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From a murky landscape, a wooded mountain emerges. We watch the sun. We see a bearded man climbing up the mountain through the snow. He carries an ax, and he's accompanied by a dog. His ... See full summary »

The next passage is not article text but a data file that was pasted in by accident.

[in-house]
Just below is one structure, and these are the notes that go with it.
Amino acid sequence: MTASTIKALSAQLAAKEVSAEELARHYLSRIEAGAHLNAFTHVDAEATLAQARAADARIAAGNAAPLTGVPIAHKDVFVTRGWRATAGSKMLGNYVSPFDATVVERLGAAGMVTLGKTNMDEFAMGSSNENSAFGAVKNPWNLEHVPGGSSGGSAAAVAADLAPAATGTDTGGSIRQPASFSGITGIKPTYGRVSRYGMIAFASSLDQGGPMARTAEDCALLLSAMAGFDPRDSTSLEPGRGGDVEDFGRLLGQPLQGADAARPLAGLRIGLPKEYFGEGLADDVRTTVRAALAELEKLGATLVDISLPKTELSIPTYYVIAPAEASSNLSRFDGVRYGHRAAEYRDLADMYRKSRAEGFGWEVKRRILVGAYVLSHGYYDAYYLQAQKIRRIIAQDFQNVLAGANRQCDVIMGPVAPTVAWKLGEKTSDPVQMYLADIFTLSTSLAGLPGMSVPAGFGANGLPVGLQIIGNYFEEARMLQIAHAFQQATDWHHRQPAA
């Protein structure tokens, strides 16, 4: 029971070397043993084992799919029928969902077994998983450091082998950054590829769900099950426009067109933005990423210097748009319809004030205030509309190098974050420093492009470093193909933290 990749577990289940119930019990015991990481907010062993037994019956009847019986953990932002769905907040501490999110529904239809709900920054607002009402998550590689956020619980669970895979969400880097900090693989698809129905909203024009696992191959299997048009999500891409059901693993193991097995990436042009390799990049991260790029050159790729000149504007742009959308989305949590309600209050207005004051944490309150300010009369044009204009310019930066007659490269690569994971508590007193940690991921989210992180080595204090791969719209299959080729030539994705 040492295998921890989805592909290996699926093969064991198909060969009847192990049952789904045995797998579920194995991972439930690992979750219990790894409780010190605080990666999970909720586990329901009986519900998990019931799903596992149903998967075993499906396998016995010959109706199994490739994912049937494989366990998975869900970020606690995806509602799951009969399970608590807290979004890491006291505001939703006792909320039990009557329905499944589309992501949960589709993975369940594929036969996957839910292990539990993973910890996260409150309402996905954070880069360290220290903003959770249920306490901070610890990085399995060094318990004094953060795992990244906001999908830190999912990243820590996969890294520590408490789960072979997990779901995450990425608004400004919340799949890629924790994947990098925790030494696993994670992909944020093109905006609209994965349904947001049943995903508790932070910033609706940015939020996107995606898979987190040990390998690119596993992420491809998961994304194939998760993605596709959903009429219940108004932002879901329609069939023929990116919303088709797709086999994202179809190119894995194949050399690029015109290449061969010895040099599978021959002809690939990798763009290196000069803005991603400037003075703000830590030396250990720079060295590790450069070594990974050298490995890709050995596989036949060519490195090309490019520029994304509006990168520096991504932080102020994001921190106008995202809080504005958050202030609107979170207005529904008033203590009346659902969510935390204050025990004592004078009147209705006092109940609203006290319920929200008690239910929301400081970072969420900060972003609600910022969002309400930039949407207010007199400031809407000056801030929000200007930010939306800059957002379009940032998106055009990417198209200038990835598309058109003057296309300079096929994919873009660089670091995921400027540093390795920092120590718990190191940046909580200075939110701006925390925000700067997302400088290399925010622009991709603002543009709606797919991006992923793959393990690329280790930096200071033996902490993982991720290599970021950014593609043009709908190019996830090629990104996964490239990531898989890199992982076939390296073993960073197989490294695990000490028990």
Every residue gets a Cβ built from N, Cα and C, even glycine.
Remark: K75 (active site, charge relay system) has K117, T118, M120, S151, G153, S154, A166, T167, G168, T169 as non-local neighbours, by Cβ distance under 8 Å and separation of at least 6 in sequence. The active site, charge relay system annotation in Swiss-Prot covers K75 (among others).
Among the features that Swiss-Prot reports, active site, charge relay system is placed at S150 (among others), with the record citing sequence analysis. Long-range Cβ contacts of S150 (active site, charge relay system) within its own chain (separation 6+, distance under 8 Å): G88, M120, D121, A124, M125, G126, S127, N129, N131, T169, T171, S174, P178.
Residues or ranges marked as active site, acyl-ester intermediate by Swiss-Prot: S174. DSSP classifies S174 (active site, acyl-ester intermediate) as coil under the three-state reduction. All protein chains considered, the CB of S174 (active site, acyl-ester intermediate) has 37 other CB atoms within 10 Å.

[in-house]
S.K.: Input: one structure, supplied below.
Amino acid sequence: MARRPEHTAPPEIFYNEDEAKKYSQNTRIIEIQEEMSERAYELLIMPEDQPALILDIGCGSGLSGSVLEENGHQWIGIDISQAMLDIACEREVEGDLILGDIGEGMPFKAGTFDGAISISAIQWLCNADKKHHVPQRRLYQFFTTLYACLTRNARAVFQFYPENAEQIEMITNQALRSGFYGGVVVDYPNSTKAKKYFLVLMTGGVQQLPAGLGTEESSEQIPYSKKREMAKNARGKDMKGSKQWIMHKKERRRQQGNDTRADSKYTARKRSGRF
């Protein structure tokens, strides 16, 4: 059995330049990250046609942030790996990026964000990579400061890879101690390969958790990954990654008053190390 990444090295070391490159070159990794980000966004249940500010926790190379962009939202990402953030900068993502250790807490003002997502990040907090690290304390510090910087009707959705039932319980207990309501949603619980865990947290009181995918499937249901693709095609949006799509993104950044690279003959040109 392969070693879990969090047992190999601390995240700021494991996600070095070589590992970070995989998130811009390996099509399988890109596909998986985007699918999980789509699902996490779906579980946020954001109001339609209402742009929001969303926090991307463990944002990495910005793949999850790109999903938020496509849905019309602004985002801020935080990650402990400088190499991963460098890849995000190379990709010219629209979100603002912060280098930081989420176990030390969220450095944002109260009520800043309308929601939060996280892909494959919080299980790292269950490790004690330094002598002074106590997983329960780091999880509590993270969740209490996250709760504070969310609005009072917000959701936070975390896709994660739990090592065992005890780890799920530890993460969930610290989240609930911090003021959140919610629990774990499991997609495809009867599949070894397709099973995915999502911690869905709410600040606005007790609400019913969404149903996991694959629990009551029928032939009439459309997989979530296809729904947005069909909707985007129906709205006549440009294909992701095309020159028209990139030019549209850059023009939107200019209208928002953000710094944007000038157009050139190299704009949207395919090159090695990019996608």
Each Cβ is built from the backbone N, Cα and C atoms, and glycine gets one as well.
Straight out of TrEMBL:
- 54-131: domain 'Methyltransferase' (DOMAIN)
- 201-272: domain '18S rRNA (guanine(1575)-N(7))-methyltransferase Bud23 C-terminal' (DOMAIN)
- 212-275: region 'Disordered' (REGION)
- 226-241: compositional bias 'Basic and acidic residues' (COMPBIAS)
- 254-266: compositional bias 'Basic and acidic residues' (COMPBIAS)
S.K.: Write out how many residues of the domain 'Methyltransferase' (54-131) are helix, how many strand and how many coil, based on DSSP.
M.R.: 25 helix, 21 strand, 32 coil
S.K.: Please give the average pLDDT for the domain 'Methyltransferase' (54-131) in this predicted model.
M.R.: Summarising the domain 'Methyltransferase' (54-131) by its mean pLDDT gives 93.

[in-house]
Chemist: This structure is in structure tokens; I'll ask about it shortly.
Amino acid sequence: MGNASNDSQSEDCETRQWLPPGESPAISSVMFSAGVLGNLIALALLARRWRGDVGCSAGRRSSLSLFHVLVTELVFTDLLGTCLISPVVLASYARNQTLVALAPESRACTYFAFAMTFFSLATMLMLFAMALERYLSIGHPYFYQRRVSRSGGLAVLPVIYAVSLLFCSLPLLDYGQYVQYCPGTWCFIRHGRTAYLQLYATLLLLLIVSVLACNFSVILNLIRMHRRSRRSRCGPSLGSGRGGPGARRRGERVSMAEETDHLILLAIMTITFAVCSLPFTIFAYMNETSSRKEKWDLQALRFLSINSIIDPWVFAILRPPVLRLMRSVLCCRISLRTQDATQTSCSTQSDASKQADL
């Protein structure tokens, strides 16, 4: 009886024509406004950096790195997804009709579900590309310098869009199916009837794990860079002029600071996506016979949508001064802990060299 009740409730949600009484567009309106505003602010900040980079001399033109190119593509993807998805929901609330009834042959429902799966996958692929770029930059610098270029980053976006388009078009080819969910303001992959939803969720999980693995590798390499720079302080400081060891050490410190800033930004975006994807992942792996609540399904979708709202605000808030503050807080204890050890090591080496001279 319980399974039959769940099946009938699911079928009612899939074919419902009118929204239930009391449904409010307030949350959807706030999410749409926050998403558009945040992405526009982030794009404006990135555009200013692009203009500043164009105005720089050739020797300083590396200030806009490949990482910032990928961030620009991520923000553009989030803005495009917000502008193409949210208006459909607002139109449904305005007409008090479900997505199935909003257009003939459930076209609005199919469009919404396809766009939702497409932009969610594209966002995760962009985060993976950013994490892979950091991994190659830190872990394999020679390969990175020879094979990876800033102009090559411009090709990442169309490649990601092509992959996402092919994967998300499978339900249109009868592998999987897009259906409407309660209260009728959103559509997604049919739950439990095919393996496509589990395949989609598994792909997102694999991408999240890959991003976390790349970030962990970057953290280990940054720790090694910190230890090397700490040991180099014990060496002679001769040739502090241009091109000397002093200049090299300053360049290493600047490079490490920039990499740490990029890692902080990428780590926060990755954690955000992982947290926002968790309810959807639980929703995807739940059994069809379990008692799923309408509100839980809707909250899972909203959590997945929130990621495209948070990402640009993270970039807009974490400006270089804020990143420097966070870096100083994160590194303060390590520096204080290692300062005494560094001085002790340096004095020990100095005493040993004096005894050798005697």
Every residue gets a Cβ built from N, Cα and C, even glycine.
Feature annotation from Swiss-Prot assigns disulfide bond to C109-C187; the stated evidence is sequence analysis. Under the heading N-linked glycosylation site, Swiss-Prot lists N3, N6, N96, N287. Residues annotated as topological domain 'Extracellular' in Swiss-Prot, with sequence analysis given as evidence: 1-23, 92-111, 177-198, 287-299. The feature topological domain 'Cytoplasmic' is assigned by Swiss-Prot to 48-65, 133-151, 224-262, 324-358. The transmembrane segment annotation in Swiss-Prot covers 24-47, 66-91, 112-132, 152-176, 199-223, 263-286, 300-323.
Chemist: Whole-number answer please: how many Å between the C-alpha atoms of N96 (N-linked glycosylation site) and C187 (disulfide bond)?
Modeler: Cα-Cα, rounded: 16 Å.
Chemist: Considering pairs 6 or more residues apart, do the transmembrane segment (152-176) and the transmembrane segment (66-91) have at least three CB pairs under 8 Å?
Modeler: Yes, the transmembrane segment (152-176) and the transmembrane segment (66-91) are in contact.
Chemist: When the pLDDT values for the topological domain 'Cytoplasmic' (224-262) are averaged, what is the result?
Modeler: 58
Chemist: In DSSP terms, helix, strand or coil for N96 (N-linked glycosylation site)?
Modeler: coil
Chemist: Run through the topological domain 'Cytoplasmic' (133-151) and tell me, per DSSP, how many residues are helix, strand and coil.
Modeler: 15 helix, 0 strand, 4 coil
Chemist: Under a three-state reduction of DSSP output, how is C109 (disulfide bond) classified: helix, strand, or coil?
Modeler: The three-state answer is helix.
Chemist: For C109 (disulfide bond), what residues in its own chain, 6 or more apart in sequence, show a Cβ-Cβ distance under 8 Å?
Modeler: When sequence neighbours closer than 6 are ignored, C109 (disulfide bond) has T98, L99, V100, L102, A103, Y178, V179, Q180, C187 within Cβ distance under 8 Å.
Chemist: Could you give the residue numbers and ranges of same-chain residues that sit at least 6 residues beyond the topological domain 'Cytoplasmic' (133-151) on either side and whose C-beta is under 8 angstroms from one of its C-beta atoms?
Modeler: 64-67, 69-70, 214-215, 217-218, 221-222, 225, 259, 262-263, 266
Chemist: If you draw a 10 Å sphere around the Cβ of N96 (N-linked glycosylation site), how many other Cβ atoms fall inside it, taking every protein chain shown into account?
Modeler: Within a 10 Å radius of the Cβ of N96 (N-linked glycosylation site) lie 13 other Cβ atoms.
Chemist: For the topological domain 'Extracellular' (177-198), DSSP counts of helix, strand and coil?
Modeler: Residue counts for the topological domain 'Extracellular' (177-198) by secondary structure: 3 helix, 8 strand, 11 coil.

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The movie does a serviceable job of setting out the broad trajectory of Brakhage's career and the development of his interests (although relies too much on archival PBS and such footage in which Brakhage is apparently dumbing-down his theories for mass consumption), but seems unduly rushed; when it's asserted at the end that Brakhage stands as one of the two or three most important filmmakers of all time, it's impossible to agree on the basis of the evidence that's been presented. This gets especially difficult in respect of the later work, which looks here like a resort to primitivism and abstraction based on sheer exhaustion as much as on anything more cerebral. On a more straightforwardly curious level, one wonders about such missing elements as Brakhage's early life, or how he managed to finance what looks like a reasonably comfortable life out of such commercially marginal endeavours. Brakhage looks now like an avuncular figure, lumbering around with his (grandkids?), open about his bladder problems, at one point singing Old Man River - it's all pleasant enough but seems distinctly incidental, and the movie shows too little of the younger and allegedly edgier, more difficult Brakhage. The film whets the appetite reasonably well, but ultimately one can't help but think it would be a more appropriate metaphorical tribute to his work if it wasn't itself so conventional and straightforward.
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